“When I first joined the major, I had zero friends and didn’t know anybody, but they very quickly adopted me,” she said. “They were much further along in their careers than I was because I was still pretty behind at this point. But they really helped me not just catch up, but excel.”

Zhang then became a teaching assistant for the course that changed her trajectory three years before. Among 60 other TAs for assistant professor Kris Jordan’s Computer Science 110 course, she found a true passion for coding and a network of friends who understood how her mind worked.

A former Carolina varsity gymnast, Zhang said coding is a lot like perfecting a new skill in her sport.

“In gymnastics, with a skill, you have to know exactly what’s wrong and how to fix it. When you’re coding, you think the same way,” she said. “And kind of like gymnastics, you’re learning how to be a better person, not a better coder.”

When she heads out to Seattle after graduation, Zhang said she’ll have the chance to reconnect with many of the friends she met as part of the computer science TA staff. Several of those friends work at Amazon, while others are at Microsoft or tech startups in the city.

“It will be cool to be in that area and just have that network,” she said. “I think what Kris [Jordan] has done with the 110 team is something very special. You’re making friends that you can continue to network with even in your post-grad life.”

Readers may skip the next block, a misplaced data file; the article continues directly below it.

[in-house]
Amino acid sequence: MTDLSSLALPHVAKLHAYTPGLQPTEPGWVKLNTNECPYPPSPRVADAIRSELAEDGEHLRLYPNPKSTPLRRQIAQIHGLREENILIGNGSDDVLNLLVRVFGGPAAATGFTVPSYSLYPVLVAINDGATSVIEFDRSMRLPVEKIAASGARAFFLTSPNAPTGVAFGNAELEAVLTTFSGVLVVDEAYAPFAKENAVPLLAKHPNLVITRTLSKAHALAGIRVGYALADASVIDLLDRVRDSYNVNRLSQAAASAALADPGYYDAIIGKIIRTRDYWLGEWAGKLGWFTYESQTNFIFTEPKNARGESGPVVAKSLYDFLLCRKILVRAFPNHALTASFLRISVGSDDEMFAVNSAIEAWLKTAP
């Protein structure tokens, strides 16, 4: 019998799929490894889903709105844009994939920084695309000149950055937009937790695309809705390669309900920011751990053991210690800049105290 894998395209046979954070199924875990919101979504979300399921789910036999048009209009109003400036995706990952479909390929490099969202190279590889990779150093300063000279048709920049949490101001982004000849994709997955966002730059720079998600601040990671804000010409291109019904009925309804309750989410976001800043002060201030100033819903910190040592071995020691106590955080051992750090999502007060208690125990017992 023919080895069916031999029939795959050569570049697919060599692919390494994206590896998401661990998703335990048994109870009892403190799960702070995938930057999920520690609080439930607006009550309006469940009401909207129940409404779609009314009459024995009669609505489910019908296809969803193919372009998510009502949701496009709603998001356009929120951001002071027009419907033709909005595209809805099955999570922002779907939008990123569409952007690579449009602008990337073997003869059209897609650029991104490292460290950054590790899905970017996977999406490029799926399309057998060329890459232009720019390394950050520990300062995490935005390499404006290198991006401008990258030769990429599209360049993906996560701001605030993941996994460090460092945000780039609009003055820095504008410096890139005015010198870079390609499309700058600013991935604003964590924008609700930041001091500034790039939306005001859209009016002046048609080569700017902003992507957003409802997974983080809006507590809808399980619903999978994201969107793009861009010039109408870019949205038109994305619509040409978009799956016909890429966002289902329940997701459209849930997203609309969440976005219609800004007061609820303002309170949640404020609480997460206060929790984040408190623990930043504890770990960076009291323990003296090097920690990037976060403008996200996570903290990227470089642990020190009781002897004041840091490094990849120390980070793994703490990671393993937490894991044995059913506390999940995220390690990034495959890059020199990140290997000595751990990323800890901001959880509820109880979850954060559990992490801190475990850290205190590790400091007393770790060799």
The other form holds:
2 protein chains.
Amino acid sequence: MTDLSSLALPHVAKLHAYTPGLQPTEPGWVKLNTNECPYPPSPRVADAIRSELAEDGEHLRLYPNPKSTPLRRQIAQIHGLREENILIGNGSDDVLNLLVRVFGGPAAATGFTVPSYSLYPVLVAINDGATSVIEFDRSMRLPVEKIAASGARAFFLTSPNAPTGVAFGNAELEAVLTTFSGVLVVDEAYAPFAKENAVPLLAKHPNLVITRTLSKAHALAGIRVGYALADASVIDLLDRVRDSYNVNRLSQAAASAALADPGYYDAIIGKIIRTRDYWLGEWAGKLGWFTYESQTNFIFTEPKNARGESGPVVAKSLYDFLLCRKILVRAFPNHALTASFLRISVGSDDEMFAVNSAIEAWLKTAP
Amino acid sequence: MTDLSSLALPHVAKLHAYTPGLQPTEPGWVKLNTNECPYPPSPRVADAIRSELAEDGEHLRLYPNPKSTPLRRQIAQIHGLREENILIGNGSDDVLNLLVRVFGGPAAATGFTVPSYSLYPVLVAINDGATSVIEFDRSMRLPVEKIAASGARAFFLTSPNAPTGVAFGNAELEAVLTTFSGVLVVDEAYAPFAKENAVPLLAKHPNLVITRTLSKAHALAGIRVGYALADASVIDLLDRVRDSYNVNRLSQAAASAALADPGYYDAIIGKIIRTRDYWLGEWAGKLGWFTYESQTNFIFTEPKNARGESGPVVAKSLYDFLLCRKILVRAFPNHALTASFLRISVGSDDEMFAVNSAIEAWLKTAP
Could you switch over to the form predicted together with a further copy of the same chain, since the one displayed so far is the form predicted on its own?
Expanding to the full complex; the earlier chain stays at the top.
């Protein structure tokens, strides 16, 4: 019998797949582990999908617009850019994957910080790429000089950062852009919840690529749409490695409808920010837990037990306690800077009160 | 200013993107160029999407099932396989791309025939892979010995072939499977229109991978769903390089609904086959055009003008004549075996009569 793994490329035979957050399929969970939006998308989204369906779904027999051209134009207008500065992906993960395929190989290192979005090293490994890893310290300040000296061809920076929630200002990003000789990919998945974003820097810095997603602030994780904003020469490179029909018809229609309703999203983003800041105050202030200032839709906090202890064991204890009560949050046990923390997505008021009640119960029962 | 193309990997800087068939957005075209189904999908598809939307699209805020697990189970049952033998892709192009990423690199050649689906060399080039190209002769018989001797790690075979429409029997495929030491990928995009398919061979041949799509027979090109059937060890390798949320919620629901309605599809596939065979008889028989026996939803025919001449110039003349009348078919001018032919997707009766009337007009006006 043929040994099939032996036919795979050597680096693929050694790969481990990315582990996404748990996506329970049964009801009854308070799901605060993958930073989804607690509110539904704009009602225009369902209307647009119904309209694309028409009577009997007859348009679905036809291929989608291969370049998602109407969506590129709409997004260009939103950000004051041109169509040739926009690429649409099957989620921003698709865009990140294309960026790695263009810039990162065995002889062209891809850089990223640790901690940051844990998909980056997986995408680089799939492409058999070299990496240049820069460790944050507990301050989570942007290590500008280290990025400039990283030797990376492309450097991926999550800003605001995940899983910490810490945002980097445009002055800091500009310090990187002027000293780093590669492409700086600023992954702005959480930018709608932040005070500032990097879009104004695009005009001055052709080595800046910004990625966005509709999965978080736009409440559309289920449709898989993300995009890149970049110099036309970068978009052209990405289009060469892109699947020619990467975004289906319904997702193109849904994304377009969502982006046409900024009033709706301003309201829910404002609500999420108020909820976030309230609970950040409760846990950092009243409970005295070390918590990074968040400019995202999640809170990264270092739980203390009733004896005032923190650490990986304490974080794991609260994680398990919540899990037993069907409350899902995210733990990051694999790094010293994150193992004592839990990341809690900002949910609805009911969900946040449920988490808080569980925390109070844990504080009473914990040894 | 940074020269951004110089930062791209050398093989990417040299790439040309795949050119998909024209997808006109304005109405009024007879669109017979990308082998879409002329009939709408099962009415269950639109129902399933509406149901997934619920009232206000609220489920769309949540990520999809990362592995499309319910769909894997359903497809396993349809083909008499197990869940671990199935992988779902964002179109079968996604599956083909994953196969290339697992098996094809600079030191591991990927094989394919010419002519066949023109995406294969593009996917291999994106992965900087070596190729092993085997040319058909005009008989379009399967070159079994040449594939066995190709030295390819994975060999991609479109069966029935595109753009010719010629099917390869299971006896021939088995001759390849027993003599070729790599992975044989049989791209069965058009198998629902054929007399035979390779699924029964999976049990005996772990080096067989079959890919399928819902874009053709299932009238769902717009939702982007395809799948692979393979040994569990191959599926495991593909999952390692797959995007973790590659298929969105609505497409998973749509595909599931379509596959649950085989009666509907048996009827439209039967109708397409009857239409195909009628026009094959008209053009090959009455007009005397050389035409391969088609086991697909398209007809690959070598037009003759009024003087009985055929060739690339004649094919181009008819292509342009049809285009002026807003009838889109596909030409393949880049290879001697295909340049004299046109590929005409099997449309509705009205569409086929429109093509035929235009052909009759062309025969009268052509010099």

Because of those friends, she said, she now has the opportunity to pursue a career in a field she loves.

“I definitely think the big thing that Carolina offers is community,” Zhang said. “Once you find that community, it really changes your college experience.”

Although moving out west and starting a new job sounds a little intimidating, there’s one thing Zhang said she can always hold on to.

“No matter where you go,” she said, “Carolina never leaves you.”

By the Thinnest of Margins, UNC Student Tai Huynh Made History in Chapel Hill

December 3, 2019

BY DEC. 03, 2019   5:09 P.M.

Twenty-four votes.

When everything was tallied, that’s all that separated Tai Huynh from Nancy Oates in the race for the fourth and final spot on the Chapel Hill Town Council. The difference between Huynh and sixth-place finisher Sue Hunter? Thirty-four votes. Between him and seventh-place finisher Renuka Soll? Eighty-nine votes.